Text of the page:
GDP Jumps to Record-Setting 7.4% in Third Quarter
The economy set a record-breaking rebound in the third quarter — but there’s still a long way to go before a full recovery is made.
America’s GDP (gross domestic product) — the value of all goods and services produced — grew by approximately 7.4% from July to September. This indicates that consumers and businesses had a strong “bounce back” from the COVID-19-related lockdowns that led a second-quarter meltdown.
That growth is equal to an annual rate of 33.1% and is one of the largest since modern record-keeping started in 1947 and nearly double the previous record of 16.7% in the first quarter of 1950, according to US Commerce Department. Expectations from economists were 31.9% after the second quarter’s 31.4% drop.
Ways to Go
Keep in mind the recovery effort is from complete — last quarter’s GDP of $21.1 trillion was still about 2.7% below the $21.7 trillion recorded in the fourth quarter of 2019 before the pandemic ushered in the worst economic downturn since the Great Depression.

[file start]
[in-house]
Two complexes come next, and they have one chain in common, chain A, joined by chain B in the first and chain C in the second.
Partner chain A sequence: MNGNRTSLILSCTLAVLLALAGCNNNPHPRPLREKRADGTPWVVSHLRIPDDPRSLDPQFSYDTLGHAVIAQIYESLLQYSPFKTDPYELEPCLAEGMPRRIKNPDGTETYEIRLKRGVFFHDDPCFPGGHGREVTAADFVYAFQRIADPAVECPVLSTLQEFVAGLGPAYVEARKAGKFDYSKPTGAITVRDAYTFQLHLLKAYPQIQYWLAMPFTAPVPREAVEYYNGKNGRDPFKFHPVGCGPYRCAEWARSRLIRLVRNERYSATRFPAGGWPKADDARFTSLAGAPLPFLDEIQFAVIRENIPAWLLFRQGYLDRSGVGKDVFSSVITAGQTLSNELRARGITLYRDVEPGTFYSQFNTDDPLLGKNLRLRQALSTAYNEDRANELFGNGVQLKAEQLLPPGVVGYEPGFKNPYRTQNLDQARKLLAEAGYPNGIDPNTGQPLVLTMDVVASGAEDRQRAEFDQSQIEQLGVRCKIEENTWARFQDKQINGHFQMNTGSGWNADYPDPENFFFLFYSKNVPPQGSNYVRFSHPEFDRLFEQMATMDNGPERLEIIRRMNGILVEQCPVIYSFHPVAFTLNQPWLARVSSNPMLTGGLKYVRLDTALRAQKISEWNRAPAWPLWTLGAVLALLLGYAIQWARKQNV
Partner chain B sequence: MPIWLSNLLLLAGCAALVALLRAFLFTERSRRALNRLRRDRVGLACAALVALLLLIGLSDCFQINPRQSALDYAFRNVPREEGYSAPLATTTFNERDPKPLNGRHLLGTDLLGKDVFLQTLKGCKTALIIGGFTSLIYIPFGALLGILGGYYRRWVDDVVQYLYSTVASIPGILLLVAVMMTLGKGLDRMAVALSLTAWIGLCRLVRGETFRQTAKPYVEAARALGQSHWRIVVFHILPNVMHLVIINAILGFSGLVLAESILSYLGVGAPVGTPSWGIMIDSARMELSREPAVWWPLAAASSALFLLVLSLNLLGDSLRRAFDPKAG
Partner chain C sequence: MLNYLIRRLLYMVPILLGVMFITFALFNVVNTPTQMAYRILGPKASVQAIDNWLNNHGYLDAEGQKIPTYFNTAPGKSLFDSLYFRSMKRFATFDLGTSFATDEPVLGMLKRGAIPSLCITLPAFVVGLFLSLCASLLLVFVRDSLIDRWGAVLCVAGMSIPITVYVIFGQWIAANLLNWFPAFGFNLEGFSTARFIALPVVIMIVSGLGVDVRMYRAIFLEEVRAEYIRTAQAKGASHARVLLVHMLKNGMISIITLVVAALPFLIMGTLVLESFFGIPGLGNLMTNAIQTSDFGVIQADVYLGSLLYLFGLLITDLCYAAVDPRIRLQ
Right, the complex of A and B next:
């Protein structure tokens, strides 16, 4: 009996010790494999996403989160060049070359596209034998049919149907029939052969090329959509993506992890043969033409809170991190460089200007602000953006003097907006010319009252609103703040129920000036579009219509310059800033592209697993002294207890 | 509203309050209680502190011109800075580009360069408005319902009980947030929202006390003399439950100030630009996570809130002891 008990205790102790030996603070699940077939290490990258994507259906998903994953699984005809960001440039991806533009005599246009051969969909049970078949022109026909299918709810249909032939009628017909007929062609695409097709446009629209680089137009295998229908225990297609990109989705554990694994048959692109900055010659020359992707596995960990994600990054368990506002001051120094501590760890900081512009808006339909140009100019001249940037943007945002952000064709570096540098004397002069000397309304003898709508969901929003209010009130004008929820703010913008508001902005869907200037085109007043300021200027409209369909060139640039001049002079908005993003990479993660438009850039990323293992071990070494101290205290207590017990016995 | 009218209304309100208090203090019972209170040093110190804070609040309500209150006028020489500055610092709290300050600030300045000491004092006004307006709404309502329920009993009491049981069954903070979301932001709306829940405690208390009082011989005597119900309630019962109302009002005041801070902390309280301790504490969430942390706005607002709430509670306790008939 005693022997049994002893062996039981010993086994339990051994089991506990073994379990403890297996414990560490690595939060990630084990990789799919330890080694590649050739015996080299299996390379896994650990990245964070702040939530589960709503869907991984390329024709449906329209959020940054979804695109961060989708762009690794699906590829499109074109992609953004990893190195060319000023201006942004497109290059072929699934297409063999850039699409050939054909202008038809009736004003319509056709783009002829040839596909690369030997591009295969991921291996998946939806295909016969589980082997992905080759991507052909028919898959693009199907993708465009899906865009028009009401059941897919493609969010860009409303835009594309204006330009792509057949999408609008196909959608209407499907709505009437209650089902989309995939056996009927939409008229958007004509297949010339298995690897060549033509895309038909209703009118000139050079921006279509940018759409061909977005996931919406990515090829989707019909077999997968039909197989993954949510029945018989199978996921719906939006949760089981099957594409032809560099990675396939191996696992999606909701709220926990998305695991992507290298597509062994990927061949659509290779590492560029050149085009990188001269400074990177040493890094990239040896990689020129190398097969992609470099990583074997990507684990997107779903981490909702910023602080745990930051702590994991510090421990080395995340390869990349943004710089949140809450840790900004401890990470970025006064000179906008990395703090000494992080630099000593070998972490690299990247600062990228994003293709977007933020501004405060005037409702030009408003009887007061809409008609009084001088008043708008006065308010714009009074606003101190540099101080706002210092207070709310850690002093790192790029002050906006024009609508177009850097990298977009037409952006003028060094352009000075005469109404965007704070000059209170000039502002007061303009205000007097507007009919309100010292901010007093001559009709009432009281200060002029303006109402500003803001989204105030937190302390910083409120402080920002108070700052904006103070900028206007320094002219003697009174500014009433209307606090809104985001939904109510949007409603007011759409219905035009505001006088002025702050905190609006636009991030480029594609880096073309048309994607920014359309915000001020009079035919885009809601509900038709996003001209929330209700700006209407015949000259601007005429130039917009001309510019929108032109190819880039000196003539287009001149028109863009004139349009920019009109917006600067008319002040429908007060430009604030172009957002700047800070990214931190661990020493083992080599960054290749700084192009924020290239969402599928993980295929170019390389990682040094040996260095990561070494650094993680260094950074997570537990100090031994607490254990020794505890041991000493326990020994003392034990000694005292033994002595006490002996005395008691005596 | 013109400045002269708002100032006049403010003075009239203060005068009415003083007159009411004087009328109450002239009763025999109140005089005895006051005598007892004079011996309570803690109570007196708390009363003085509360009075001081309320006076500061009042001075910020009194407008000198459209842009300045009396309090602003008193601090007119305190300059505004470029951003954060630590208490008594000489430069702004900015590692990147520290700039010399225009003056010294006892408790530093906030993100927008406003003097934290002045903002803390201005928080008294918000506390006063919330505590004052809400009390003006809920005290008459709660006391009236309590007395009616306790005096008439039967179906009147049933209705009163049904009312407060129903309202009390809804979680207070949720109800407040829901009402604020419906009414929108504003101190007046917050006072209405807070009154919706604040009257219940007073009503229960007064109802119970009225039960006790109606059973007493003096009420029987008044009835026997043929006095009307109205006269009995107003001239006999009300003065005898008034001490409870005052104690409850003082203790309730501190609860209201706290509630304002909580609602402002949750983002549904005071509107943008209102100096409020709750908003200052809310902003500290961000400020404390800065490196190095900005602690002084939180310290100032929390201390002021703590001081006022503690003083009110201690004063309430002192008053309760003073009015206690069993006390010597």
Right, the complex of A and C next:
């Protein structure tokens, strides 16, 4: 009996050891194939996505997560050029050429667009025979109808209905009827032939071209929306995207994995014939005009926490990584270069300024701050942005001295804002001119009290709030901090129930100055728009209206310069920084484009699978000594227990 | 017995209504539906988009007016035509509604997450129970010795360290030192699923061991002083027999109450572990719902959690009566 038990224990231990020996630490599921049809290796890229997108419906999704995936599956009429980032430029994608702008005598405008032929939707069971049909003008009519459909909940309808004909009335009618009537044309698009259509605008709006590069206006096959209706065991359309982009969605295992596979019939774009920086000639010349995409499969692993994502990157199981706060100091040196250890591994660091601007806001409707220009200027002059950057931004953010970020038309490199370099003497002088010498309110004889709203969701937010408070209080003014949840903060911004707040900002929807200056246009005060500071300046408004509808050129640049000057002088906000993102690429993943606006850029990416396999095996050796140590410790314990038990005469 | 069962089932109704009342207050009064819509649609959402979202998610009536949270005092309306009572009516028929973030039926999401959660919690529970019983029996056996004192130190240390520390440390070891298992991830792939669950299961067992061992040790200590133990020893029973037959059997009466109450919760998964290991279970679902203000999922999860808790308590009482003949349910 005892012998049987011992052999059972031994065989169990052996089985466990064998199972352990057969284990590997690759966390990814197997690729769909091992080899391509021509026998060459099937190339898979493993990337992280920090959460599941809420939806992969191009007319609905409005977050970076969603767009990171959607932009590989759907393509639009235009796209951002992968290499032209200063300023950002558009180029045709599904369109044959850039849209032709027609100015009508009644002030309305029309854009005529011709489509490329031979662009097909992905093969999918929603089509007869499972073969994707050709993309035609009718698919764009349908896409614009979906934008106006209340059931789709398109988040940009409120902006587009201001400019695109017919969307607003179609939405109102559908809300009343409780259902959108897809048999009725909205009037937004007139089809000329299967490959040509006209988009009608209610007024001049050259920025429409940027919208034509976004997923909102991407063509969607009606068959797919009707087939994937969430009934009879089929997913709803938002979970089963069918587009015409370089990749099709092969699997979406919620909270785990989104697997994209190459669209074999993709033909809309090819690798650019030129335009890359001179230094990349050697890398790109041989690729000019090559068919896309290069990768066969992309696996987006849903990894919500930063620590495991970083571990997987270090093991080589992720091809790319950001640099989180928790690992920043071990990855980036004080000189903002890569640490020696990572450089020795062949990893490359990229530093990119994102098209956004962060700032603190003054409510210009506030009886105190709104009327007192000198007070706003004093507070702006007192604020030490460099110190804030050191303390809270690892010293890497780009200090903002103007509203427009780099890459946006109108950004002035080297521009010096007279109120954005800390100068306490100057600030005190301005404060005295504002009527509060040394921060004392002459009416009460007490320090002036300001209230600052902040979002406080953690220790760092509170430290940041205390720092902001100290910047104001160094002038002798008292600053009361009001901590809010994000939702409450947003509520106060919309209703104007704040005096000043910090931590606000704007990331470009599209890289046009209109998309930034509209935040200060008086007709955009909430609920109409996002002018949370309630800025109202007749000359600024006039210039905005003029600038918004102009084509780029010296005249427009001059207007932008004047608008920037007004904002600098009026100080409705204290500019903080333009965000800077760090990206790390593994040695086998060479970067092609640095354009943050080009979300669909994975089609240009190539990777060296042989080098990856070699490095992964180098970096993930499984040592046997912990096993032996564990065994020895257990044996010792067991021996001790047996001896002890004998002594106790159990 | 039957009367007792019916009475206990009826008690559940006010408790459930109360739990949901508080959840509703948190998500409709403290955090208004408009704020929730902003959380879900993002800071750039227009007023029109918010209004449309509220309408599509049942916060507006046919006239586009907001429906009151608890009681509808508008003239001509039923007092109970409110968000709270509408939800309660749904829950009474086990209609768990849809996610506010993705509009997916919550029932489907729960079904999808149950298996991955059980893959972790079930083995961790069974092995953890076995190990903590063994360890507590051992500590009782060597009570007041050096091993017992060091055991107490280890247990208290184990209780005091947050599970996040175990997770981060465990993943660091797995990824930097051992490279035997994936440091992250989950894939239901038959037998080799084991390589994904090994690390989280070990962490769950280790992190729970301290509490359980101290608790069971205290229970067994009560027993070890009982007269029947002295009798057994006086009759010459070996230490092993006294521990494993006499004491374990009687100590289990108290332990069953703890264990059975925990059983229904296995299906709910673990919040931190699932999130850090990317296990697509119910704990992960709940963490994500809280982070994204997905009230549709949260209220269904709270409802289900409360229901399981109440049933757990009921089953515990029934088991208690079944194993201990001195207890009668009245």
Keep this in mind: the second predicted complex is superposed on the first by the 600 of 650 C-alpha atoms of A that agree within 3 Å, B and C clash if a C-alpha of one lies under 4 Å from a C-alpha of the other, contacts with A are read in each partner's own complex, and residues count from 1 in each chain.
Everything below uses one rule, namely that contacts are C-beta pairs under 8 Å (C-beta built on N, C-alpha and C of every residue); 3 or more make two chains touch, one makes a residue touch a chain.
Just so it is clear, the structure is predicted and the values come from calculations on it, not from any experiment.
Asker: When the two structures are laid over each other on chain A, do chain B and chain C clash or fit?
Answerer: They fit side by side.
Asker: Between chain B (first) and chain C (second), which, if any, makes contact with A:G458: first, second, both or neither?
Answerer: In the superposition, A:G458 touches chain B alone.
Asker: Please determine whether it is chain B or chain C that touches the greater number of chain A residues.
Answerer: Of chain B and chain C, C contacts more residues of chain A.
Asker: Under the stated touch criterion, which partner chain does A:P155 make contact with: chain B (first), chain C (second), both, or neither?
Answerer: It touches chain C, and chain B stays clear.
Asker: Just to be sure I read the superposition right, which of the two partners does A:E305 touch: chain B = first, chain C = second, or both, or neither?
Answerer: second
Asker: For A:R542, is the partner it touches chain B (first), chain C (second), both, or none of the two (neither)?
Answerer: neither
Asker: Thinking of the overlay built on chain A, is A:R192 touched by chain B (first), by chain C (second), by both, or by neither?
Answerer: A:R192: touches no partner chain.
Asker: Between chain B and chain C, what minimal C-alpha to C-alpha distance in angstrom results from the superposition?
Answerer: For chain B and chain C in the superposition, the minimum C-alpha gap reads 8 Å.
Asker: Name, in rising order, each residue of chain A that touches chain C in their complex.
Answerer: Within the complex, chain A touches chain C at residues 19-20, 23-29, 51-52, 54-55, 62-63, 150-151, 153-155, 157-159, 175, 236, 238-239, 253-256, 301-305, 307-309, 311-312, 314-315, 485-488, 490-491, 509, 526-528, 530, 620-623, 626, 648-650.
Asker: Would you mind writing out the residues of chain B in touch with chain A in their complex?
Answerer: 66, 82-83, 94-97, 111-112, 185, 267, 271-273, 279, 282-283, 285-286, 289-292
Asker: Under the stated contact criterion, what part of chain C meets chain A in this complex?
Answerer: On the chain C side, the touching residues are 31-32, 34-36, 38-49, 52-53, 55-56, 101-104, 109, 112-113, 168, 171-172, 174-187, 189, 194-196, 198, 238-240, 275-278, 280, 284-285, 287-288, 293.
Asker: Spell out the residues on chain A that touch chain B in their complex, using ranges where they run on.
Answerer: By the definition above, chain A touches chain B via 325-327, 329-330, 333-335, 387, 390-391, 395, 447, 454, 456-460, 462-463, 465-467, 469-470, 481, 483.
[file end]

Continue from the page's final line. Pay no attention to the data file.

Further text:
“A record surge in third-quarter GDP will likely mark the beginning of the recovery, after a recession which abruptly started in the fourth quarter of last year and likely ended in the second quarter,” said Yelena Shulyatyeva, senior US economist at Bloomberg Economics. “Yet the scale and unprecedented nature of the COVID-19 downturn will leave lingering scars during the recovery.”
Getting back to normal from an economic standpoint however remains a bit murky — the rise in new coronavirus infections and hospitalizations has raised concerns for future lockdowns in parts of the US, as recently seen in parts of Europe.
The stimulus package from this past spring, helped many businesses and everyday Americans stay afloat – keeping consumer spending up. That said, with no agreement for a new stimulus package, additional help may not becoming.
The Federal Reserve, which has been aggressive in getting Congress to get another stimulus bill passed expects GDP to shrink by 3.7% this year following growth of 2.3 percent in 2019. Washington remains skeptical about a bill passing but it’s not likely to be passed until after the upcoming Presidential election.